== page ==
Last Updated: Friday, 15 December 2017, 16:28 GMT

Coverage of former Presidents off-limits for Tanzania's media

Publisher Reporters Without Borders
Publication Date 21 June 2017
Cite as Reporters Without Borders, Coverage of former Presidents off-limits for Tanzania's media, 21 June 2017, available at: http://www.refworld.org/docid/594bc01b4.html [accessed 16 December 2017]
DisclaimerThis is not a UNHCR publication. UNHCR is not responsible for, nor does it necessarily endorse, its content. Any views expressed are solely those of the author or publisher and do not necessarily reflect those of UNHCR, the United Nations or its Member States.

Reporters Without Borders (RSF) condemns the two-year ban that the government has imposed on the privately-owned weekly Mawio after it ran a story linking two former presidents to massive tax fraud in the mining sector. RSF is also concerned about harassment of journalists who try to provide detailed coverage of the activities of mining companies in Tanzania.

The 24-month ban was imposed by information minister Harrisson Mwakyembe on 16 June, since when Mawio editor Simon Mkina has been receiving anonymous telephone threats.


The ban was prompted by a story linking former presidents Benjamin Mkapa and Jakaya Kikwete to large-scale tax fraud by mining companies. The Mawio story claimed that both Mkapa and Kikwete signed dubious contracts with companies that have allegedly cheated the Tanzanian state of massive sums since the 1990s.


"This ban is totally excessive," said Clea Kahn-Sriber, the head of RSF's Africa desk. "This draconian measure contradicts presidential promises of democratic governance in Tanzania and sends an intimidatory message to all of the country's media."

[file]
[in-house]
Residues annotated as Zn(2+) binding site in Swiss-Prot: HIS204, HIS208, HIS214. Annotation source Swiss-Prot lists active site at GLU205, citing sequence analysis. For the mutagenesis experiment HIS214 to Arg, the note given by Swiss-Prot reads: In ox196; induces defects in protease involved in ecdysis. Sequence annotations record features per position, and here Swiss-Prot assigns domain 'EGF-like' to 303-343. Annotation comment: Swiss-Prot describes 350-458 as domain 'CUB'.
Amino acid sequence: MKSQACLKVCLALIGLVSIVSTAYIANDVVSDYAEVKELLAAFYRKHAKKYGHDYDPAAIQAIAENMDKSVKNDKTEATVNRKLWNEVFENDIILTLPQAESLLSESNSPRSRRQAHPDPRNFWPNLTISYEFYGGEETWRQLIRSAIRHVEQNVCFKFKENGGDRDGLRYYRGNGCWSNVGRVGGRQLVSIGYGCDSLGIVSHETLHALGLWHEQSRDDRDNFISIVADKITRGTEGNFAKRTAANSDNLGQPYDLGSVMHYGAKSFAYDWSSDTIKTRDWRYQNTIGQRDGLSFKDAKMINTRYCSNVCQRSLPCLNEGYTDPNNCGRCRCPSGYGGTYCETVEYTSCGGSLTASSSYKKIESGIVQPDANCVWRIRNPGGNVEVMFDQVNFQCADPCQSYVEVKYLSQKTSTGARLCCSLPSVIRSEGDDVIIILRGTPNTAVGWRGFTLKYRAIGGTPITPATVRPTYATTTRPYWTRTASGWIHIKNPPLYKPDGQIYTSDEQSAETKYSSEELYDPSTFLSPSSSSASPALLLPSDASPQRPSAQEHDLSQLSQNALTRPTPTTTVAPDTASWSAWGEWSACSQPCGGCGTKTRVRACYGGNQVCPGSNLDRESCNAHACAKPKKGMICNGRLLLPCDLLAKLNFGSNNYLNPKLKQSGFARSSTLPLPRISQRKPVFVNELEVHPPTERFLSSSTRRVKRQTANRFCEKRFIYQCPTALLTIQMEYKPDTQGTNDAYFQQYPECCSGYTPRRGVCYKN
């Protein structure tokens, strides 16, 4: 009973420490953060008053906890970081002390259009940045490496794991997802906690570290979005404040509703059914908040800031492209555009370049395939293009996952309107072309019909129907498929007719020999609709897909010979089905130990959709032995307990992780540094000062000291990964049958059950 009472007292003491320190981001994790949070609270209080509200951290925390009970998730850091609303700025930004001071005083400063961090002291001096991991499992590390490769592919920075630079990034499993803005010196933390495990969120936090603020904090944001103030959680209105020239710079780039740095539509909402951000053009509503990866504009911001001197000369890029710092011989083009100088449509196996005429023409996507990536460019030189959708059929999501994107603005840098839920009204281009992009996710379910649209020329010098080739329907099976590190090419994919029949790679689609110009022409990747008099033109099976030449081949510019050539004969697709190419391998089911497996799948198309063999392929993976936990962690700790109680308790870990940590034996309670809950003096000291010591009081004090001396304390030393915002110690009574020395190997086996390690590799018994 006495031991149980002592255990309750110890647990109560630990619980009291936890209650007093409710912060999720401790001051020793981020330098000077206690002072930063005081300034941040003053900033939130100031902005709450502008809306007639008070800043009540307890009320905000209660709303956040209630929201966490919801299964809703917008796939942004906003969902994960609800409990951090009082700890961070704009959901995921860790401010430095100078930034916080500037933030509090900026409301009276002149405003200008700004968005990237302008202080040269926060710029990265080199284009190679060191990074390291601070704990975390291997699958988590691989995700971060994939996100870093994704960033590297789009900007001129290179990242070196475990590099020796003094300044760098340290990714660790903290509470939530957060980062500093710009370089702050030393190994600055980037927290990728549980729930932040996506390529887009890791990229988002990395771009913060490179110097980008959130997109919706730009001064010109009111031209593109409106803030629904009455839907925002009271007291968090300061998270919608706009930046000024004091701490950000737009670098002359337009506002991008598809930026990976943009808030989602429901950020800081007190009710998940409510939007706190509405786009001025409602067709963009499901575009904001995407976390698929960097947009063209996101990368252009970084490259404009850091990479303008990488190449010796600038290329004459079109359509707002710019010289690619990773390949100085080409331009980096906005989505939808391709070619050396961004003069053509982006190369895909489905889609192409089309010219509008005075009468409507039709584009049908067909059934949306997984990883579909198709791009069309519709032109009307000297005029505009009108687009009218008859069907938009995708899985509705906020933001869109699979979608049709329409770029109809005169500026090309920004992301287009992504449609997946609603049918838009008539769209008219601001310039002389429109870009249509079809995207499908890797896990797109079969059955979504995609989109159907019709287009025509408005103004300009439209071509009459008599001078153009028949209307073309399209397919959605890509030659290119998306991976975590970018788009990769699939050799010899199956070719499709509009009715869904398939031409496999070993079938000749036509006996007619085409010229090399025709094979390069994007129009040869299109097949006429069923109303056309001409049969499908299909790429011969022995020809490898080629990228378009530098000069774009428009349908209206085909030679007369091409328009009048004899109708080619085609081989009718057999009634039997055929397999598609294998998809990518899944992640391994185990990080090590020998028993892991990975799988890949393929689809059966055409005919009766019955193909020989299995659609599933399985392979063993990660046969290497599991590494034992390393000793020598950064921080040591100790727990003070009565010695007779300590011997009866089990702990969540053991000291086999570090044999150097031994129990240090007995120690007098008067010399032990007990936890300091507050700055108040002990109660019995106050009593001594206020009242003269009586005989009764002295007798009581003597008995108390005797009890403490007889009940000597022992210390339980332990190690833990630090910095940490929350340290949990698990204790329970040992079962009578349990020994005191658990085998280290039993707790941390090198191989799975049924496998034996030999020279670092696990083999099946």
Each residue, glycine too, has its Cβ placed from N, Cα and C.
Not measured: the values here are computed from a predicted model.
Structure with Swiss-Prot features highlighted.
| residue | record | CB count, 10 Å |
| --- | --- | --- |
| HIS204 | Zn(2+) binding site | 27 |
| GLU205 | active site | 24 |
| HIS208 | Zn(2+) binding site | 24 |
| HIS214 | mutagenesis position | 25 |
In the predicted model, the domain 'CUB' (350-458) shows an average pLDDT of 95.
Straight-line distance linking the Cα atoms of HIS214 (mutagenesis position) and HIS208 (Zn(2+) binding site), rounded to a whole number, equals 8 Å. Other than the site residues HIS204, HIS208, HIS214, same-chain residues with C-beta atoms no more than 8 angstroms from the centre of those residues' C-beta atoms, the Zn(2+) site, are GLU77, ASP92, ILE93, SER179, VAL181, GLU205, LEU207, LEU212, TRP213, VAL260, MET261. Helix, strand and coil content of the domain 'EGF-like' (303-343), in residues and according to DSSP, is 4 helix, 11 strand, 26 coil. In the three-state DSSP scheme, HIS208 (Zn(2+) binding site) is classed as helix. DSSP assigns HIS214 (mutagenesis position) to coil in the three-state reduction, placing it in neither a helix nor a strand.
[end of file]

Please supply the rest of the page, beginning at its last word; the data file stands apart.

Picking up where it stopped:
Mawio's controversial story was published just days after a commission of enquiry appointed by the current president, John Magufuli, issued a report in which it estimated that the Tanzanian state had lost 75 billion euros as a result of tax evasion by mining companies since 1998.


The report did not, however, mention either Mkapa or Kikwete in its conclusions and, referring to the two former presidents in comments delivered in the presidential palace on 14 June, Magufuli warned journalists that they would face severe measures if they did not "stop tarnishing their reputation."


According to Mawio's editor, the newspaper's latest issue with the controversial story had already been printed when Magufuli delivered this warning.


Last March, information minister Nape Nnauye was summarily fired after calling for an investigation into a heavy-handed raid on a radio station by Dar es Salaam's governor.


Mining is a very sensitive subject. Canadian Journalists for Free Expression (CJFE) issued an alert on 25 April expressing concern about the harassment of Tanzanian media outlets that cover the activities of Acacia Mining, a company based in the northwest that is a subsidiary of Toronto-based Barrick Gold, the world's largest gold mining company.


The CJFE said the police had assisted the harassment in some cases. It also cited a case of a journalist who was warned that he would be accused of "acting against the interest of the nation" if he did not stop covering Acacia Mining.


Tanzania is ranked 71st out of 180 countries in RSF's 2017 World Press Freedom Index.

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